In a highly controversial referendum, Egyptians are being asked to head to the polls to vote on “a new Constitution” and play the numbers game once again. The last “yes or no” vote was in March 2011 on a constitutional amendment under the Supreme Council of the Armed Forces, which was then at the helm of the country. It established the image of majority support for political Islam. So much has transpired since. It would be difficult to imagine a similar outcome. Friday saw massive calls against the referendum and the Constitution. The opposition continues to appeal to the president to call the vote off. The escalation threatens a turn of events and raises fears of possible violent confrontations. Ahead of the referendum, planned over two days one week apart, expectations for a majority “no” vote this time are on the increase.
In the span of the last 10 days alone leading up to this critical voting process, the almost hourly developments on all fronts have been overwhelming but, more significantly, the newfound ability of the opposition to unite and actually mobilize has been unprecedented, gradually changing the scene. On Tuesday Dec. 4, the sea of Egyptians flooding the Presidential Palace and its environs changed the rules of the game forever. It took a few more days of massive protests all over the country and, regrettably, more violence and bloodshed for that new reality to sink in on the international scene, too. For the many who had hoped President Mohamed Mursi would deliver, disappointment quickly gave way to distrust at the direction being followed. His confused responses to the appeal of so many segments of Egyptian society and the apparent weak statesmanship displayed in his decisions over the past few weeks threatens his already frail legitimacy. A disappointing speech to the nation did little to change the deteriorating trust. Amid increasing anger, a unified opposition that seems to outnumber the ruling group while threatening to escalate actions into civil disobedience and a major fallout with the judiciary, in addition to his own supporters besieging the capital’s Media City and the Supreme Constitutional Court, President Mursi and his supporters in the Muslim Brotherhood continue to ignore all developments and are heeding no appeals for a postponement. Egyptians abroad have already begun the process.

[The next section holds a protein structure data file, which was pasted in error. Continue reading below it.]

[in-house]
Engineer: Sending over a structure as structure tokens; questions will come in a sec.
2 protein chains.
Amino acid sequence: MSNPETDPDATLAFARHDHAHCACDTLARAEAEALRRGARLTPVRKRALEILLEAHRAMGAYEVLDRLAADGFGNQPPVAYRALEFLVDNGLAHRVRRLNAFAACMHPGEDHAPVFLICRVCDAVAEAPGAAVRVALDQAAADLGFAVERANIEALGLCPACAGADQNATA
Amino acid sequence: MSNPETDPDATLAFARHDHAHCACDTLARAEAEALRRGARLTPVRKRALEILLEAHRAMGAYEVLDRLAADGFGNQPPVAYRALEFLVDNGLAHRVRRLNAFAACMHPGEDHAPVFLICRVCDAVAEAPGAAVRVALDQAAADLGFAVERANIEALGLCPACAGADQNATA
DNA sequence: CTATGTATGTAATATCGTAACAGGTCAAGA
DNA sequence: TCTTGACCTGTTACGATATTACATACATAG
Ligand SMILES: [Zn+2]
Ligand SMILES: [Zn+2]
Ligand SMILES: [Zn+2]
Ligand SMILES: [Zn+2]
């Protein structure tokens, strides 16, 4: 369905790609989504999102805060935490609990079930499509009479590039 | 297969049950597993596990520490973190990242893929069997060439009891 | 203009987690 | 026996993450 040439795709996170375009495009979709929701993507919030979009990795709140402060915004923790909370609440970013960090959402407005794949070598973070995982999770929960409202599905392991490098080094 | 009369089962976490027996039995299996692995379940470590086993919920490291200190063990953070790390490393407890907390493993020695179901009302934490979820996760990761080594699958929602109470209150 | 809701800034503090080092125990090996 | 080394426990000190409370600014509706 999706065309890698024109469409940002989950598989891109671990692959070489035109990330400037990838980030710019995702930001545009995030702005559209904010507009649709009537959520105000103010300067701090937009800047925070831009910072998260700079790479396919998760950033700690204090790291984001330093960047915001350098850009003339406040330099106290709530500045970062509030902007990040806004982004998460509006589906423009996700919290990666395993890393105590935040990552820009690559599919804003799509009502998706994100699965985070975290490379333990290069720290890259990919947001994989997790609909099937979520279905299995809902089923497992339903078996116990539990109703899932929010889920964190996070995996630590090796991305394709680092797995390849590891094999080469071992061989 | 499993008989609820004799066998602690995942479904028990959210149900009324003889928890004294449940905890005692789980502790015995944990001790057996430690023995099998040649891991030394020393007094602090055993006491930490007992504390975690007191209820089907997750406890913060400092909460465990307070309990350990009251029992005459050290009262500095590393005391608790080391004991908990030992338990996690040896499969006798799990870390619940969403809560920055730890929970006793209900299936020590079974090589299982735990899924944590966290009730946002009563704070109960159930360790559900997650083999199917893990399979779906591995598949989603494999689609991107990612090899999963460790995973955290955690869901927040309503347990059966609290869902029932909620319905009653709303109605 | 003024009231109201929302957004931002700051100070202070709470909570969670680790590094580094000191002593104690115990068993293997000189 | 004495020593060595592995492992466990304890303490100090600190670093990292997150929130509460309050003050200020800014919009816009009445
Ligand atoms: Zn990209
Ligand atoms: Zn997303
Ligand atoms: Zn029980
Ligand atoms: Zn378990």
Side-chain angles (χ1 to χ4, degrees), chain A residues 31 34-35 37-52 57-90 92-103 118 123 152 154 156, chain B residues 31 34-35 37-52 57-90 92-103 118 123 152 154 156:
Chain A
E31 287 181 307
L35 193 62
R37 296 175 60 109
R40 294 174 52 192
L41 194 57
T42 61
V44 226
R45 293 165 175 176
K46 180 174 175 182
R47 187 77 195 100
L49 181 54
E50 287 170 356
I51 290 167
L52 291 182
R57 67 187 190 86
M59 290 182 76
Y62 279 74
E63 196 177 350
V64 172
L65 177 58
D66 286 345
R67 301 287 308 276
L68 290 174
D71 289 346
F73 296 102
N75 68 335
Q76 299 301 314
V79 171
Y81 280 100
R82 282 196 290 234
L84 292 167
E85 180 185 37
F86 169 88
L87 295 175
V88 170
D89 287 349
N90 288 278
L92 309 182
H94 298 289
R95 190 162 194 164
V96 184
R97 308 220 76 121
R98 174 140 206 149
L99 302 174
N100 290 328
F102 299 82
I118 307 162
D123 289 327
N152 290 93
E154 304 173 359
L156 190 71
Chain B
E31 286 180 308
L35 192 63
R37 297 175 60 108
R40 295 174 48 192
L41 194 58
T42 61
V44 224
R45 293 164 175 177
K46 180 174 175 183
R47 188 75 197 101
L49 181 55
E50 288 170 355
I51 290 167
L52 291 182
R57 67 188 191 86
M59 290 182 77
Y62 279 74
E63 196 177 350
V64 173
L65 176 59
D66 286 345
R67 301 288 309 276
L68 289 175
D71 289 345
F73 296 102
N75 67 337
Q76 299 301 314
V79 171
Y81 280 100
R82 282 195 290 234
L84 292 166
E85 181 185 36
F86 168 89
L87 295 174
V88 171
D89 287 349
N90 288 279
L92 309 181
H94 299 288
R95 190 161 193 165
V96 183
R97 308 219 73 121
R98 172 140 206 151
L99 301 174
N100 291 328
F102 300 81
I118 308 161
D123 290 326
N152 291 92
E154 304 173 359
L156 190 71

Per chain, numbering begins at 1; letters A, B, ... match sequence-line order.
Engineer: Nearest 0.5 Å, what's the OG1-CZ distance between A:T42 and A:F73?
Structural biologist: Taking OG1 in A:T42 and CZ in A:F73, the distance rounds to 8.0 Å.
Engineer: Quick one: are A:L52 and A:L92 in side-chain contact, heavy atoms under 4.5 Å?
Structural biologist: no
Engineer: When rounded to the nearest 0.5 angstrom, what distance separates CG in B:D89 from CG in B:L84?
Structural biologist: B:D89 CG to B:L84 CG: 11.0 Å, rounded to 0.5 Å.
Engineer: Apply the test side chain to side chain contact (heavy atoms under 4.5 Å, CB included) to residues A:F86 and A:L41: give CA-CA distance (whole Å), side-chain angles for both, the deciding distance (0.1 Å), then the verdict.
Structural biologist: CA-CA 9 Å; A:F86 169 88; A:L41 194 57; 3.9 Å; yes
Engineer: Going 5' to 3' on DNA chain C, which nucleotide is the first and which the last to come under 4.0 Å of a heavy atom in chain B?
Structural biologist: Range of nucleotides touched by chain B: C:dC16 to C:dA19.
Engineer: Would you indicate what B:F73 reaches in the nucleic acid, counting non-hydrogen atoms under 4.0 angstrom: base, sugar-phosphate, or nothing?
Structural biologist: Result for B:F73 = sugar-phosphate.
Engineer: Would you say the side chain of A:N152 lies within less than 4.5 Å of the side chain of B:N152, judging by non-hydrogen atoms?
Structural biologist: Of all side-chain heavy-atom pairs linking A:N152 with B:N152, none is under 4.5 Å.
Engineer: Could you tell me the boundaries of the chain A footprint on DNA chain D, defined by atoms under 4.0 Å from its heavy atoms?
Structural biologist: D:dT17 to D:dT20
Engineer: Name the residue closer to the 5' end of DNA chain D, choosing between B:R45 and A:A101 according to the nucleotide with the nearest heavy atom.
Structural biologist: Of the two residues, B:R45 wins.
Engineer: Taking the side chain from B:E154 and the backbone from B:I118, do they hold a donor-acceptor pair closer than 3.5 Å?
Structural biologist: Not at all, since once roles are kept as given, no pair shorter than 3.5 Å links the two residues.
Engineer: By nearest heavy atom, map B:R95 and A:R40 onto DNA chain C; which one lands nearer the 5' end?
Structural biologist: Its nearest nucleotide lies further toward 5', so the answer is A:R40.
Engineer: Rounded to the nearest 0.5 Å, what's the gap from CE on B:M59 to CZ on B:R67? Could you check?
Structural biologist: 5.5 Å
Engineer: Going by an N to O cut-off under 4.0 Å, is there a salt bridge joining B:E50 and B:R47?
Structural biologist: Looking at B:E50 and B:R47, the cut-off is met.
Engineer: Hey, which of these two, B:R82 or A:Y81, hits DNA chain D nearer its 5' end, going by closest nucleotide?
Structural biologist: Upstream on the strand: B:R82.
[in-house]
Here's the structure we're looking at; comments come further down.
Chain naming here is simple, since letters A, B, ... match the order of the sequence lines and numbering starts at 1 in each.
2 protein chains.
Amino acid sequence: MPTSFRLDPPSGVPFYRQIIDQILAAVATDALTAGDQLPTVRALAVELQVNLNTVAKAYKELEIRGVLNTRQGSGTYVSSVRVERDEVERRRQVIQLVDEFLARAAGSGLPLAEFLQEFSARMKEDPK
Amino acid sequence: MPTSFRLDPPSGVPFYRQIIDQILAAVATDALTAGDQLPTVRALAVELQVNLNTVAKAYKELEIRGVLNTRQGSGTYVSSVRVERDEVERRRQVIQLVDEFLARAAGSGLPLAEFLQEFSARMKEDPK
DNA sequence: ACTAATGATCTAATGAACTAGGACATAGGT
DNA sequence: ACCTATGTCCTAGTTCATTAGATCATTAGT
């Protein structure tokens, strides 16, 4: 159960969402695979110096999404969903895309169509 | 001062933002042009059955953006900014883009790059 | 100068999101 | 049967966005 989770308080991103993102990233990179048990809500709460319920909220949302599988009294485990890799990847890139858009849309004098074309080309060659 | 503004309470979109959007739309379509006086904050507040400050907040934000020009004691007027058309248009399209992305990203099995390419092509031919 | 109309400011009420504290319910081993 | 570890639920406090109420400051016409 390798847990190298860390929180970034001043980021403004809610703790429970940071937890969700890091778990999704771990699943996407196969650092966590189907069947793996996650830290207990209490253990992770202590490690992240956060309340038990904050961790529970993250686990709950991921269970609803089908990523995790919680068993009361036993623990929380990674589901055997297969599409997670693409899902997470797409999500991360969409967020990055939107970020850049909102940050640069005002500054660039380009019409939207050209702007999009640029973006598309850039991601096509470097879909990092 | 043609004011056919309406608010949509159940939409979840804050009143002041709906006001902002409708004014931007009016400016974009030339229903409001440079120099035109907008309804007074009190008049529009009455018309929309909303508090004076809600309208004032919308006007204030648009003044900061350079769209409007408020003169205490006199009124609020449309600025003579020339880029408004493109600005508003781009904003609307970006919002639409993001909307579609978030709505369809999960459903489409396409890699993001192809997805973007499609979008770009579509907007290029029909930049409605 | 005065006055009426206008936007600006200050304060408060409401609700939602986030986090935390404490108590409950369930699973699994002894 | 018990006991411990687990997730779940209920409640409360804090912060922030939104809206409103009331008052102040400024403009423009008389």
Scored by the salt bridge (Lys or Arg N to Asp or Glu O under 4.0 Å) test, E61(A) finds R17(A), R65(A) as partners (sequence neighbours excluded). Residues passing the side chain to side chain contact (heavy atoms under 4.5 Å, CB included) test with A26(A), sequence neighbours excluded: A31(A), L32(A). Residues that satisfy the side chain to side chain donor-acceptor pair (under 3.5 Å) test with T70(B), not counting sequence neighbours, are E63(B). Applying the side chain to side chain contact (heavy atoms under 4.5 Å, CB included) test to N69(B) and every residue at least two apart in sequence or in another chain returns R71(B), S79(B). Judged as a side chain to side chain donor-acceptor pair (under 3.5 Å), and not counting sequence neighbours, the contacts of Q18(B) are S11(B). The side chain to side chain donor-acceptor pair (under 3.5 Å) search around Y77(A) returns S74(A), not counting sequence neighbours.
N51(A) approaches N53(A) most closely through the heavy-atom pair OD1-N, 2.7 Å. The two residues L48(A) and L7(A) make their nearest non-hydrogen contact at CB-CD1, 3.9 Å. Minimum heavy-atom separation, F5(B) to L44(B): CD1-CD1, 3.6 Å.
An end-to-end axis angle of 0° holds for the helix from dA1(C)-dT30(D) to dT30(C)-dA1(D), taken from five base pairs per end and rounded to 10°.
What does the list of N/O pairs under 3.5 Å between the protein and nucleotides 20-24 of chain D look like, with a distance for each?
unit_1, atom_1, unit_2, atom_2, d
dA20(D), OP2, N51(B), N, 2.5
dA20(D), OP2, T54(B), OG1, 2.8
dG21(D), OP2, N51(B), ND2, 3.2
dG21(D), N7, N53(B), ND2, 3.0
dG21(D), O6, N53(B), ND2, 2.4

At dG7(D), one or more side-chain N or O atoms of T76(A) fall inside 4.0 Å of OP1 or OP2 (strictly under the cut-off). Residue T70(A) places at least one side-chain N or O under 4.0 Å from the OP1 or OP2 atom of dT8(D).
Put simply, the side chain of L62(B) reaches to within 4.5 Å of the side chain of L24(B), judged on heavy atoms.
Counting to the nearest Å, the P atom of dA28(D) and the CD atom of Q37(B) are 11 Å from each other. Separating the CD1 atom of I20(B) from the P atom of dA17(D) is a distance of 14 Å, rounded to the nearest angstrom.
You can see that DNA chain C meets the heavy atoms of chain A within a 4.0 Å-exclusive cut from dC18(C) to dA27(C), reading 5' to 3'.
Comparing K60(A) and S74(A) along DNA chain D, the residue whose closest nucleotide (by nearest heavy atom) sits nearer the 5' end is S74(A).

Egypt is not in turmoil over religion or faith in the divine. Much of the recent events have served to seriously dent political Islamists’ claim to possess a monopoly over faith and God. For most Egyptian, whether Muslims or Christians, the issue is a power struggle, and if the seemingly powerful can no longer control the numbers, then the numbers will control the power. More true believers, this time not just in God, but also in their fight for a free and just Egypt, pray for the well-being of their beloved country. Today, the mood and understanding is very different. A frantic mobilization and calls to protest the Constitution and the referendum in the streets all over the country marked the last Friday before the vote. Beyond any doubt, and surpassing any imagination, Egyptians are changing again. Today (Saturday) is yet another of many opportunities to show their true colors in the fifth big voting day in less than two years. The process and outcome will once again shape the immediate future of a people and a country in revolution.
Hala Kholy is a columnist at the Hurriyet Daily News, where this article was published on Dec. 15, 2012.